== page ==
Emoé de la Parra – Wikipedia

Mexican actress and academic

Emoé de la Parra (born Emoé de la Parra Vargas on June 16, 1951 in Mexico City, Mexico) is a Mexican actress and academic, daughter of Mexican writer Yolanda Vargas Dulché. Most of her acting work has been in the theater but she is better known for her television work, including appearances in works written by her mother such as Encrucijada and Gabriel y Gabriela. Other acting related work has been direction and production of plays, along with screenplay adaptation and translations. Her academic work has been focused on philosophy, mostly with the Universidad Nacional Autónoma de México.

de la Parra was born on June 16, 1955 in Mexico City. Her interest in the theater began when she was a child; however, her formal college degree work focused on philosophy.[1] She graduated from the Universidad Nacional Autónoma de México (UNAM) in 1977 with a degree in philosophy, followed by graduate work in the philosophy of science at the University of Oxford and post graduate studies at Sorbonne University. She received her masters in philosophy at UNAM. Her acting studies began in 1969 at UNAM with various classes and workshops including classes taken in Paris and London up through 1989.[2]

She is the daughter of Mexican writer Yolanda Vargas Dulché whose work she has safeguarded since her mother’s death in 1999. During the 2005 controversy surrounding Memín Pinguín, when the character was accused of racism by some in the United States, Emoé defended her mother and the character, who she says she considered to be an “older brother.”[3]

In addition to Spanish, she speaks English and French fluently, with competency in German as well.[1]


Most of her acting work has been with the theatre with roles in over forty five plays and other theatrical pieces from 1969 to the present. These include Lejos (Far away) by Caryl Churchill (2009), Noche de Ánimas by Oralba Castillo Nájera (2009), Primavera salvaje by Arnold Wesker (2011), Emily by William Luce (2011), First Love by Samuel Beckett (2012), and Requiem by Hanoch Levin (2012) .[2][4][5]

Her most important acting roles have been in telenovelas with some appearances in series and documentaries. Her television includes appearances in Encrucijada (telenovela, 1969), Gabriel y Gabriela (telenovela, 1982), Juana Iris (telenovela, 1985), El Humor es una cosa esplendorosa (TV series 1985), Tiempo de Amar (telenovela, 1987), Mujer, casos de la vida real (TV series, 1988, 1991, 1992, 1995), Pasión y Poder (telenovela, 1988), Simplemente María (telenovela, 1989), Don Porfirio (telenovela, 1993), Cosa Juzgada (video theatre, 1994), Alondra (telenovela, 1994), María Isabel (telenovela, 1997-1998), Pasión (telenovela, 2007), Vive (TV series, 2007), Soy tu dueña (telenovela, 2010) .[2][6]

Other work has included film roles such as Los Justos (1973), Estación Buenavista (1981), Los Hermanos Queridos (1982), Carnaval de Sodoma (2005), Desátame (2011) and Runaway home (2012) .[2] Since 1986 she has been involved in direction and production activities, which have included coproducing Lejos (Far away) (2009), direction and production of Emily (2009), and production of Primavera salvaje (2011) .[2]

Her recognitions include Best amateur actress (1972) from Canal Once, nomination for the Revelación femenina prize of the Asociación de Críticos Mexicanos (1988), the Juan Ruíz de Alarcón Prize, the Salvador Novo Prize and the María Teresa Montoya Prize from La Unión de Críticos y Cronistas de Teatro, A.C.(1994) and the María Douglas Prize (1999). She has adapted various novels and other works for screen including Emily and Primer Amor (with Antonio Algarra), Entre Sombras by Yolanda Vargas Dulché, Variación de “Un cuarto propio” based on a work by Virginia Woolf, Variación de “Molly Bloom” from Ulysses by James Joyce, Rosmersholm by Henrik Ibsen and ¿De verdad cree que la muerte es muy dulce, Madame de Beauvoir? by Simone de Beauvoir as well as several translations of works such as La beldad de Amhurst by William Luce (with Marta Donís), The Lady of Larkspur Lotion by Tennessee Williams (with Gerardo Moscoso) and Mrs. Klein by Nicholas Wright. She cofounded the Laboratorio Teatral Paraíso with Antonio Algarra and Exy Gaistardo. She has written two plays Viñetas teatrales (2005) and El Ángel negro (2007, in progress) .[2]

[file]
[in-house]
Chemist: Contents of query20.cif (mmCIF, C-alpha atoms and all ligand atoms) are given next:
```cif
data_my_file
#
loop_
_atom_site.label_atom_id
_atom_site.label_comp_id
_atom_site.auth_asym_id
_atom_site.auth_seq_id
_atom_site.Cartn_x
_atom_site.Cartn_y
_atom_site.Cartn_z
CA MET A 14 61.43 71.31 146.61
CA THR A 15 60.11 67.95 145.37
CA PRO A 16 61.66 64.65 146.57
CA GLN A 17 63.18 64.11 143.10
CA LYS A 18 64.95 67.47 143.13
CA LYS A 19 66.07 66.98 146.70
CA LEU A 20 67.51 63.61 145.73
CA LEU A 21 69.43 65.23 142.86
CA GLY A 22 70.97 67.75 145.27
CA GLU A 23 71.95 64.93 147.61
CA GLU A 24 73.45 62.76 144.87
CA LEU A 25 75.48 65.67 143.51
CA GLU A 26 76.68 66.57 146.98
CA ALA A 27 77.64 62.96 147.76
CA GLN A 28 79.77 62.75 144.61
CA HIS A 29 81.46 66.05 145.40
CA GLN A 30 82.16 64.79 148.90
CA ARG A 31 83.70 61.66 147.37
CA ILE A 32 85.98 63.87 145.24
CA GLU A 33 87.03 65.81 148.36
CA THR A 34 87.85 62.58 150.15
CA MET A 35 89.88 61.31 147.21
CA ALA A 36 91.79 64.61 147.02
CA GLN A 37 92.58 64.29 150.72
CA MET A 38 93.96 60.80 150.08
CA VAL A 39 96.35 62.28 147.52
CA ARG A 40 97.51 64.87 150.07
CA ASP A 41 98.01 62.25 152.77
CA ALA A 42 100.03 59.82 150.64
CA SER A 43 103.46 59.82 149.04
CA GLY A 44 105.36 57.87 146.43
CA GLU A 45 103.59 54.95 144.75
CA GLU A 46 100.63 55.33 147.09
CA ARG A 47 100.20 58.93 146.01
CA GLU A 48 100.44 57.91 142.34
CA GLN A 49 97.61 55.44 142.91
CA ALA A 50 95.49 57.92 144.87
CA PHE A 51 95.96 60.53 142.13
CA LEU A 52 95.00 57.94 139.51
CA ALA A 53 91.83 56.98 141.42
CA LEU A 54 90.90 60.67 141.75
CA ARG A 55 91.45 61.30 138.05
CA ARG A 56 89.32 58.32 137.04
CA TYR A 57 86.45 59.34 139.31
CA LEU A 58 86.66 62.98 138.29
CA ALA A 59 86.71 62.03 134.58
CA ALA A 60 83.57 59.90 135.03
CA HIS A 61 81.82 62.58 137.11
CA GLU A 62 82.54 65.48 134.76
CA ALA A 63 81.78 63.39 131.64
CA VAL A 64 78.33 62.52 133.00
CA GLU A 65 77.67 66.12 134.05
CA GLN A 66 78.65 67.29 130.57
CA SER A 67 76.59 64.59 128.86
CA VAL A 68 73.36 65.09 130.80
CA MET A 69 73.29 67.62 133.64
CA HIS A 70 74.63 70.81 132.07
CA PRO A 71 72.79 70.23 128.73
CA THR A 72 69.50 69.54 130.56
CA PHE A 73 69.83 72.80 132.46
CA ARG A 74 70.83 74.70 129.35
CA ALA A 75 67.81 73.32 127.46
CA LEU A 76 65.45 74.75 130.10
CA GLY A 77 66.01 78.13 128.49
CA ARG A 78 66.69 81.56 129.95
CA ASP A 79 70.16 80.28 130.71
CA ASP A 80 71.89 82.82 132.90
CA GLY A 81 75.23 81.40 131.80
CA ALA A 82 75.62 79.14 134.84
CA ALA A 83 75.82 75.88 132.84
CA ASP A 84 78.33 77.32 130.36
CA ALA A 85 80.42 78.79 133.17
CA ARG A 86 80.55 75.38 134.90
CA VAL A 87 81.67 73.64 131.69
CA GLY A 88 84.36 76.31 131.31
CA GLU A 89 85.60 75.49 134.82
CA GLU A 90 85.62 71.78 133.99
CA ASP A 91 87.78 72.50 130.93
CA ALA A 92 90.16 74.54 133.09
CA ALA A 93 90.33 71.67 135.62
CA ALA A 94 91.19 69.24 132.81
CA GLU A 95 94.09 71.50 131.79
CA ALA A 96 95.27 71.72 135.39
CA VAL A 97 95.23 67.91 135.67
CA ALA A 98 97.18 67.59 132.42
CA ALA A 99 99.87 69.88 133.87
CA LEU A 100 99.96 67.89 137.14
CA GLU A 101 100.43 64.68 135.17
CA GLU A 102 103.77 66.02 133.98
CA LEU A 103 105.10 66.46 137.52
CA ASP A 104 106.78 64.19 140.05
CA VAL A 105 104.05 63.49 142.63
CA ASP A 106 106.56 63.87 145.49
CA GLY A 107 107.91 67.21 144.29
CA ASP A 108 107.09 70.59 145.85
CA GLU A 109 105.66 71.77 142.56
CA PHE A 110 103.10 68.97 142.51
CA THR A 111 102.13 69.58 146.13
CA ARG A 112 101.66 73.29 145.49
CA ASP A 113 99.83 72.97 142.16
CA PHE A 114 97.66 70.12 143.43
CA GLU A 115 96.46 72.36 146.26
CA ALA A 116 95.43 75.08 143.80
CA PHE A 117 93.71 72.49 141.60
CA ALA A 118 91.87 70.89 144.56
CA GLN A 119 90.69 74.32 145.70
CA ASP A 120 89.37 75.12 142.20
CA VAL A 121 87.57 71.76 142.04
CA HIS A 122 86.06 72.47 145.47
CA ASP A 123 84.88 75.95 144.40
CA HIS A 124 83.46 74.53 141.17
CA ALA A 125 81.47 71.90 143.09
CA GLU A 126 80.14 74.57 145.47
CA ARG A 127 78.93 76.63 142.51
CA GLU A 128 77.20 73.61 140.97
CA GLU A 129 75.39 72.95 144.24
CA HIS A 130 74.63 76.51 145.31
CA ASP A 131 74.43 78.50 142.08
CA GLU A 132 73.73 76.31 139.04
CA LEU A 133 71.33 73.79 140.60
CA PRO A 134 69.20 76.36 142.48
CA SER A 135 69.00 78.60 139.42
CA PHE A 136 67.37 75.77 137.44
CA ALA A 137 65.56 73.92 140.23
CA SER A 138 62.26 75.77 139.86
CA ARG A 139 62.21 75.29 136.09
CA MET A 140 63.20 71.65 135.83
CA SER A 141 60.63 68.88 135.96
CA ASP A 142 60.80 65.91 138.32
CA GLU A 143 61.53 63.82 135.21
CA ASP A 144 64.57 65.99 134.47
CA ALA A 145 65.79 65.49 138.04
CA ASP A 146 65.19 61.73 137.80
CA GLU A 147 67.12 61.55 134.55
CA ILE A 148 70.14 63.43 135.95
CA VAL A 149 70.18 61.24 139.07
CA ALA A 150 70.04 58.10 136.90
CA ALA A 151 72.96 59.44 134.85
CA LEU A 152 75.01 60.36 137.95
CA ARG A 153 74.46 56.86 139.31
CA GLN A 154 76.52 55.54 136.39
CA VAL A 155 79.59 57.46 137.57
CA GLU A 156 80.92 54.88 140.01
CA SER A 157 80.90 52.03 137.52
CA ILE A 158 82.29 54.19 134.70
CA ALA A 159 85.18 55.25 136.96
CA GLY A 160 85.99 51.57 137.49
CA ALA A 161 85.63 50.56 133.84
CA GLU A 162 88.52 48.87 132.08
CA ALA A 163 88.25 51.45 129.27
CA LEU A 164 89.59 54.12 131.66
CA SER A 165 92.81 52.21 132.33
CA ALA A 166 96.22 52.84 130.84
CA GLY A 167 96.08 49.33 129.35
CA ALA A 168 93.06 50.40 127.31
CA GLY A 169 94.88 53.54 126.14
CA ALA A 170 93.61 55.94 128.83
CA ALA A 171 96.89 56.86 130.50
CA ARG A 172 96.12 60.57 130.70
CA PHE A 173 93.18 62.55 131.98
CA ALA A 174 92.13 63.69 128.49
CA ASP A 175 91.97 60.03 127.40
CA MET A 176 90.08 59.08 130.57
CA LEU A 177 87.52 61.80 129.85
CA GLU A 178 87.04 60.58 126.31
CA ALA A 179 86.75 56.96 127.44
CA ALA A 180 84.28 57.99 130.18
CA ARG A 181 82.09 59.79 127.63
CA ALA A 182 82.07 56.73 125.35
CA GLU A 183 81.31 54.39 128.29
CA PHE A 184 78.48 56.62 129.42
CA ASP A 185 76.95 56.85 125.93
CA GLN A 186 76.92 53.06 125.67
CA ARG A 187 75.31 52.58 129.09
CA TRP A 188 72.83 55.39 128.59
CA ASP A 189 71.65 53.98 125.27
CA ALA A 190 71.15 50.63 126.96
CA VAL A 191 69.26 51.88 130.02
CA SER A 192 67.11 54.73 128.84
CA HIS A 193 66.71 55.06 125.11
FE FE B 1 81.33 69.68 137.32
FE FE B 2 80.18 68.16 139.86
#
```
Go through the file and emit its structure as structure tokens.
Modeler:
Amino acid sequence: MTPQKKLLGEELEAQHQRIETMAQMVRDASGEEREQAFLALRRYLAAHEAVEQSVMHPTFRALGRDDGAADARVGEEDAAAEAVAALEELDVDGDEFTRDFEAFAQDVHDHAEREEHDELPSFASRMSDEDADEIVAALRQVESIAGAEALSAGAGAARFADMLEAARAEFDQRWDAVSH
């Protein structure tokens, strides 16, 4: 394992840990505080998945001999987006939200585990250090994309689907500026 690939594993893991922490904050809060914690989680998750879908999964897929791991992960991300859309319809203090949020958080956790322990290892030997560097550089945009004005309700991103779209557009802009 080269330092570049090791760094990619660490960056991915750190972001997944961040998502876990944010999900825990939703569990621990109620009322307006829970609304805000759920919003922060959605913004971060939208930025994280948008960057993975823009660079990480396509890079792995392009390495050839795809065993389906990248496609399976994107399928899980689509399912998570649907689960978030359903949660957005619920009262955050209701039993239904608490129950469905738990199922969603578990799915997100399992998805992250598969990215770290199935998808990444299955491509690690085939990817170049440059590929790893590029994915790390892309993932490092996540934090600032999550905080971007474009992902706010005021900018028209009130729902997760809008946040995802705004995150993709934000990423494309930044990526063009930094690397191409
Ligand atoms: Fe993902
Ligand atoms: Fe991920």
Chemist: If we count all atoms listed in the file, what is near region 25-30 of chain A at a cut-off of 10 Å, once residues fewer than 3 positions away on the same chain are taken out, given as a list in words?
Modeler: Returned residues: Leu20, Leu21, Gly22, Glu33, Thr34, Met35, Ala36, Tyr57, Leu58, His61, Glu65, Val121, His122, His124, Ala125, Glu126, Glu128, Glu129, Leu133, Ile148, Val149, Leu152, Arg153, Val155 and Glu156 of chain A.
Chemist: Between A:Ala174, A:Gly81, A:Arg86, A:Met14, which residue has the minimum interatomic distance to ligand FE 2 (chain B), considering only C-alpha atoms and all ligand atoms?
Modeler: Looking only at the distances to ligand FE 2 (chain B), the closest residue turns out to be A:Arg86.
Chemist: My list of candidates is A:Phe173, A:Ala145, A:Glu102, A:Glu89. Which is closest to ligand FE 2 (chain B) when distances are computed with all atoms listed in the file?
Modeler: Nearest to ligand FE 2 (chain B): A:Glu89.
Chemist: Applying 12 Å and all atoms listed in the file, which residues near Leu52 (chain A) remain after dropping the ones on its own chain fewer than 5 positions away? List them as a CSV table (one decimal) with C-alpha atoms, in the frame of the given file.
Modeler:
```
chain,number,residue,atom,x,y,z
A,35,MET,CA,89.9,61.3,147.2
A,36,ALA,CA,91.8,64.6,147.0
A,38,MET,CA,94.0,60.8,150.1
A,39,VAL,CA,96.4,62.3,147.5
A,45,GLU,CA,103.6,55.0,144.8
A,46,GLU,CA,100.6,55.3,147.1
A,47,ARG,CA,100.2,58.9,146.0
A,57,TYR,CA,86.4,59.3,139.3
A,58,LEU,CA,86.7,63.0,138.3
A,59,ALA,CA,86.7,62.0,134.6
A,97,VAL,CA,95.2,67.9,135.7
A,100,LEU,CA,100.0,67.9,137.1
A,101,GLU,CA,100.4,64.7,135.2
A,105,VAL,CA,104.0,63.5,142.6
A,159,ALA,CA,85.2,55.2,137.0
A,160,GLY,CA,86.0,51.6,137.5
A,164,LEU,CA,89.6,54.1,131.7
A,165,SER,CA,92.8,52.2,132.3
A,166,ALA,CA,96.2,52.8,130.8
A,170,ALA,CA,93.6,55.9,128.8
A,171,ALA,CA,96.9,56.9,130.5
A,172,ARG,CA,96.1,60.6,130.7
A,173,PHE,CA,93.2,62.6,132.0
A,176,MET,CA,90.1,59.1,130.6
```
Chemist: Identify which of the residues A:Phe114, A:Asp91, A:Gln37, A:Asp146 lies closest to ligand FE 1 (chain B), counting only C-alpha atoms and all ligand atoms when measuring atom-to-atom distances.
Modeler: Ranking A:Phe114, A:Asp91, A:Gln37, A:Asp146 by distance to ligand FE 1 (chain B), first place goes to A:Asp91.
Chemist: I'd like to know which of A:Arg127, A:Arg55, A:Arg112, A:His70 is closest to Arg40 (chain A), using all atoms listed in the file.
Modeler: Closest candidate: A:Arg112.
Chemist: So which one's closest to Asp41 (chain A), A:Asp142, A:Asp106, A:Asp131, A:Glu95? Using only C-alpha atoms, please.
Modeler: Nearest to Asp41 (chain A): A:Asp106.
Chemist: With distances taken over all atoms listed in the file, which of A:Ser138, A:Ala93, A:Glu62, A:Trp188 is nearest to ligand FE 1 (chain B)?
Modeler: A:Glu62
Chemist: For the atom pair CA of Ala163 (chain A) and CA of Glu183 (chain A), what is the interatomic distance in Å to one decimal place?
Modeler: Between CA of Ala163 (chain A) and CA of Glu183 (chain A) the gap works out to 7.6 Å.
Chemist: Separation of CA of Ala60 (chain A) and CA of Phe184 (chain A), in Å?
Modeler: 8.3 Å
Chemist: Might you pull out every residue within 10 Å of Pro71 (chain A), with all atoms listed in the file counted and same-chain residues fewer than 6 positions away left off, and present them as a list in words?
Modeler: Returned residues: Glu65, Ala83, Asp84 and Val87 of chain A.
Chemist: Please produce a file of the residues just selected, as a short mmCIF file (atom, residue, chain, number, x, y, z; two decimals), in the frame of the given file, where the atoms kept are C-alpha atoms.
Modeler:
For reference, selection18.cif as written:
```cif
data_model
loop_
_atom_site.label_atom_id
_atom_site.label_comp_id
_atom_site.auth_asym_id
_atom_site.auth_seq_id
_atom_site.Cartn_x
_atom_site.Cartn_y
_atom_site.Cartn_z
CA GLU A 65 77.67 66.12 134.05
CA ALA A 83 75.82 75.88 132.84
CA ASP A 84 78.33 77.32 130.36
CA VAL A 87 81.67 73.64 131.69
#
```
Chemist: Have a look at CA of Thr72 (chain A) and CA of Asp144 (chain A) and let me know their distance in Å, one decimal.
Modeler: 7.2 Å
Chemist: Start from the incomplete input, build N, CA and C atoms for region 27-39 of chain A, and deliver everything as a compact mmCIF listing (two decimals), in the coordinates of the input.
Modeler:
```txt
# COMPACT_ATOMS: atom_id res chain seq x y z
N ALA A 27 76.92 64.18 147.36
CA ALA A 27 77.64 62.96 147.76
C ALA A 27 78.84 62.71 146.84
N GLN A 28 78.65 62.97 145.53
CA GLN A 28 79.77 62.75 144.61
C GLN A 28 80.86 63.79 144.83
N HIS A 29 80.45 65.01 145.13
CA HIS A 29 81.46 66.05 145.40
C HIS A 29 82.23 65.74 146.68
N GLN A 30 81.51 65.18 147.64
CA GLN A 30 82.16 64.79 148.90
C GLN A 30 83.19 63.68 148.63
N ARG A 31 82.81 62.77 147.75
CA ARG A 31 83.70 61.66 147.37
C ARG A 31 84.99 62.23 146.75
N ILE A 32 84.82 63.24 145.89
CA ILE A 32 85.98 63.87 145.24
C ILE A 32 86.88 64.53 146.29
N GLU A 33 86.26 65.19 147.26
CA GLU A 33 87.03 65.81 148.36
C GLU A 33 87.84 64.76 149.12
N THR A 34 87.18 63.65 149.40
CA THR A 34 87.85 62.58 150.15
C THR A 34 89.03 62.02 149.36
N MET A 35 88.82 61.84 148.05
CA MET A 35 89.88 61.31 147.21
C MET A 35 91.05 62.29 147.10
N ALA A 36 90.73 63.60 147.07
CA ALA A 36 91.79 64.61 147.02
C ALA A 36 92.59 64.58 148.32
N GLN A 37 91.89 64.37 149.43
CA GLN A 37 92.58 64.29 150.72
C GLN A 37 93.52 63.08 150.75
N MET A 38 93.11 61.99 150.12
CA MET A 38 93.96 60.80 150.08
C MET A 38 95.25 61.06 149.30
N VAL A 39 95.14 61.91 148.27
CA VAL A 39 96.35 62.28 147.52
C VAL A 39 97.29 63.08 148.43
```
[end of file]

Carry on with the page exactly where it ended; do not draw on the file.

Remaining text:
From 1970 to the present she has taught various university level courses in philosophy, logic, history of philosophy at various institutions but primarily at UNAM and the Universidad Autónoma Metropolitana Azcapotzalco. Her academic work has also included participation in various conferences and seminars at UNAM, the Escuela Nacional de Teatro and the University of the Cloister of Sor Juana .[2]


  1. ^ a b “Semblanza”. Emoé de la Parra. August 14, 2012. Retrieved November 26, 2012.
  2. ^ a b c d e f g “CV”. Emoé de la Parra. Retrieved November 26, 2012.
  3. ^ Quijano, Julio Alejandro (July 1, 2005). “Defienden a `Memín Pinguín`” [Defend Memín Pinguín]. El Universal (in Spanish). Mexico City.
  4. ^ Gabriela Flores (July 29, 2012). “Este domingo Emoé de la Parra presenta “Primer amor” en el Hidalgo” [This Sunday, Emoé de la Parra presents “First Love” in Hidalgo]. Diario Avanzada (in Spanish). Archived from the original on May 11, 2013. Retrieved November 26, 2012.
  5. ^ Angel Reyna (July 22, 2012). “Emoé de la Parra desgarra la imagen del “Primer Amor” [Emoé de la Parra rips into the image of “First Love”]. Milenio (in Spanish). Saltillo. Retrieved November 26, 2012.
  6. ^ “Emoé de la Parra”. IMDb. Retrieved November 26, 2012.

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